How to Incorporate a Company in the U.K.

Is incorporating your business the right move? This guides walks you through the pros and cons of setting up, or switching to, a U.K. limited company, and registering with Companies House.

how to incorporate a company in the uk

You run a business that you’re proud of. But there comes a day when you wonder if you should try and make things a little more official. And soon enough, your thoughts turn to incorporating your business.

But is this the right move for you? We’re going to walk you through the pros and cons of setting up, or switching to, a private limited company, the things you should consider, and how to incorporate your business in the U.K.

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    Why Should I Incorporate My U.K. Business?

    There are a number of reasons why you should consider turning your business into a private limited company.

    Professional Image

    Being the owner of a private company can help persuade your customers to trust you. Plus, some businesses may only work with limited companies and not sole traders.

    Business Financing

    As a limited company, it becomes easier to apply for and fund your business with loans and credit. There are more options available for securing business finance, and lenders may be willing to offer you more favourable interest rates and repayment terms.

    Protected Business Name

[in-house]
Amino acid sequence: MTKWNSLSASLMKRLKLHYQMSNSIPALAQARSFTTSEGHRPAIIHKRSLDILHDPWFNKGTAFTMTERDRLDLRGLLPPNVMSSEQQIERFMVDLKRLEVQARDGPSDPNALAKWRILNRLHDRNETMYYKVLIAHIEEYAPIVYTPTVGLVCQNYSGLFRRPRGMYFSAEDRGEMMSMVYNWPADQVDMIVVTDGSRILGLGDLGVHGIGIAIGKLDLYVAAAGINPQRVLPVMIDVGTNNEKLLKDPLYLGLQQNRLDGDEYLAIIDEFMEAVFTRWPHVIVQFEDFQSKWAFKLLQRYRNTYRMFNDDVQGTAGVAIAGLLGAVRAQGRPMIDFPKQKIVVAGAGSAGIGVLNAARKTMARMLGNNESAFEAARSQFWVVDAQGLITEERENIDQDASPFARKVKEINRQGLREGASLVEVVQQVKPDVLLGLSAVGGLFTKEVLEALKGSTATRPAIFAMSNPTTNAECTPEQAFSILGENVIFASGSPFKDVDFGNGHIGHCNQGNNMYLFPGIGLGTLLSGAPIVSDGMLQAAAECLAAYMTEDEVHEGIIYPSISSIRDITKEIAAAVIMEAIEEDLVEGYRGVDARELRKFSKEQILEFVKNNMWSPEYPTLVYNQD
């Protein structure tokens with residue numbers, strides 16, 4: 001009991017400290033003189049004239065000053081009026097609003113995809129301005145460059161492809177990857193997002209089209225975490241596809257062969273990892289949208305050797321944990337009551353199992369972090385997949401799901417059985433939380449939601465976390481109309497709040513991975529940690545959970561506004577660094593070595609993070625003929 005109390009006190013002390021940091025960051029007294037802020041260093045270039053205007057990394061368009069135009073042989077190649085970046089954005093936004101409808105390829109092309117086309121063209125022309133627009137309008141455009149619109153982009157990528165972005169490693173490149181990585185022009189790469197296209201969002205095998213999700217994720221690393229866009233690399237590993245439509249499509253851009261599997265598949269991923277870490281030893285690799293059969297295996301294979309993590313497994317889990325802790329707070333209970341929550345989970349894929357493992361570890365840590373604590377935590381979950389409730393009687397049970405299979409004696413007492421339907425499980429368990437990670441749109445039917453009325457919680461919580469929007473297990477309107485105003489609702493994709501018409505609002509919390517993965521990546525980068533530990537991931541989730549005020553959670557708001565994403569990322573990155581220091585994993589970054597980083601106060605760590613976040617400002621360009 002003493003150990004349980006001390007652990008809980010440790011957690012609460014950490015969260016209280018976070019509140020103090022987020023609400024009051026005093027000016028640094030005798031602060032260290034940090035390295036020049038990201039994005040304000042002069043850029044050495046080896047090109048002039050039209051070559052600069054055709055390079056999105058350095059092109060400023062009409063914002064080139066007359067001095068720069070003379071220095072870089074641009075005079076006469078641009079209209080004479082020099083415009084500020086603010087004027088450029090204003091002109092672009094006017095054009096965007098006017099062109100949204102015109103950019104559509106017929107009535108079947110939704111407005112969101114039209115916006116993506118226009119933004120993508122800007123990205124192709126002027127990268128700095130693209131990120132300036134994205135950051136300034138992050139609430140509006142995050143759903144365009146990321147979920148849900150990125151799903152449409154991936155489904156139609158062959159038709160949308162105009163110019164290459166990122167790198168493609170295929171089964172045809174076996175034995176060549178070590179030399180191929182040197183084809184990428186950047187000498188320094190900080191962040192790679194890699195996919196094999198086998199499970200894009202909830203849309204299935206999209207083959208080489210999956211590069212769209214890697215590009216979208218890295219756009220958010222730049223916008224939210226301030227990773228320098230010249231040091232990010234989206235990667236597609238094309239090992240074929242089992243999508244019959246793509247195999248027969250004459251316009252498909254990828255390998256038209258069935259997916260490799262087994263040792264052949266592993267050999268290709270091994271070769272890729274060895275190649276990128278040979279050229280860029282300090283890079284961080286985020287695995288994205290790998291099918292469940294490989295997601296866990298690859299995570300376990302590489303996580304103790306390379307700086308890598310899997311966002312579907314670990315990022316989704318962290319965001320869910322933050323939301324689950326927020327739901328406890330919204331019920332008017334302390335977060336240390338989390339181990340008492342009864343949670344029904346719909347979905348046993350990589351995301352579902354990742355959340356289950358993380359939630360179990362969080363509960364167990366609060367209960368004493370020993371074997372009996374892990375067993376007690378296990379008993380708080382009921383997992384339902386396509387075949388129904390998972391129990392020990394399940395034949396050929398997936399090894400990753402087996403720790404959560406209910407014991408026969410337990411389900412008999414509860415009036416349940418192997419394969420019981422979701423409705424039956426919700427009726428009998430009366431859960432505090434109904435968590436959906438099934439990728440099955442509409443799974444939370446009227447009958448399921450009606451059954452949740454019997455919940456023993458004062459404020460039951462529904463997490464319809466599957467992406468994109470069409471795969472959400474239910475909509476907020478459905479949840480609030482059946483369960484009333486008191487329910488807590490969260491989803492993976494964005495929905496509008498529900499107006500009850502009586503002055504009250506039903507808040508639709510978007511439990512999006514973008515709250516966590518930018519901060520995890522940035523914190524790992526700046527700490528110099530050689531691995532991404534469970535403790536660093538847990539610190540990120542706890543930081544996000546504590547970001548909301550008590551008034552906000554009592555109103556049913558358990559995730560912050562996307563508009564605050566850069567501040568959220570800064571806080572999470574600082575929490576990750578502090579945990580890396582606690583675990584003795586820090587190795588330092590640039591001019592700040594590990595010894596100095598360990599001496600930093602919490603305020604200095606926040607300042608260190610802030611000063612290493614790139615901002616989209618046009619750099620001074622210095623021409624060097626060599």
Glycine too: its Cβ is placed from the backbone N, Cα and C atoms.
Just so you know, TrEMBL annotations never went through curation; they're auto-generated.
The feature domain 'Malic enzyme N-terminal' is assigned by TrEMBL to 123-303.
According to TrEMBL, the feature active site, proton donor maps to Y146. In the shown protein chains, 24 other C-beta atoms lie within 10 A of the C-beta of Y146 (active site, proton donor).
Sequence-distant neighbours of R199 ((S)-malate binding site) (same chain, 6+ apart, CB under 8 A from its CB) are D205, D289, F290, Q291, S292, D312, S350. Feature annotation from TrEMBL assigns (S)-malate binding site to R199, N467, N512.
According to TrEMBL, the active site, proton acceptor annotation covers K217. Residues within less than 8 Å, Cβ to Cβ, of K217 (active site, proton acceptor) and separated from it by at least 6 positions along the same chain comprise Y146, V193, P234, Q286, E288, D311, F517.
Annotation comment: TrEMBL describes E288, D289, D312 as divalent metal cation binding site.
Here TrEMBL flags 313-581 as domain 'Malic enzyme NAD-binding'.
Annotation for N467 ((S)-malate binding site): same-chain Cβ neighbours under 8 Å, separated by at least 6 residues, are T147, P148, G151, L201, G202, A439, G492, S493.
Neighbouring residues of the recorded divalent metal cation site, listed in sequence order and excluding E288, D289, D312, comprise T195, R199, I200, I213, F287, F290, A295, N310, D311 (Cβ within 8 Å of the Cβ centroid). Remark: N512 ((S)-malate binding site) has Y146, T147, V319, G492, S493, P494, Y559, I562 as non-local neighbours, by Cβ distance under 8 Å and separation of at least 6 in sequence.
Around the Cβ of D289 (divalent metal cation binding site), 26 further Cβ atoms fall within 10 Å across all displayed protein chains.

When you register your business with Companies House, your company name will appear on the official register of companies. This means your company name is protected under U.K. law and nobody else can claim it as theirs. They can’t trade under it or a name that sounds identical to it and within the same sector as you.

    Nobody can undermine your business by pretending to be you or deliberately attempting to confuse your customers by using your company name or something similar to it.

    Pension Contributions

    You can fund your executive pensions and claim these as a business expense. This opens up a big tax advantage that you wouldn’t have access to as a sole trader.

    What Is a Limited Company?

    A private limited company is a kind of business structure that has its own legal identity and is a company limited by shares, separate from its shareholders and directors. The company must file annual accounts and a confirmation statement each year with Companies House, and file a U.K. company tax return, and pay corporation tax to HMRC.

    Is It Better to Be a Sole Trader or a Limited Company?

    When you operate as a sole trader, you’re personally responsible for your company’s debts. Your personal assets will be at risk during financial difficulty, as you and the business are the same legal entity.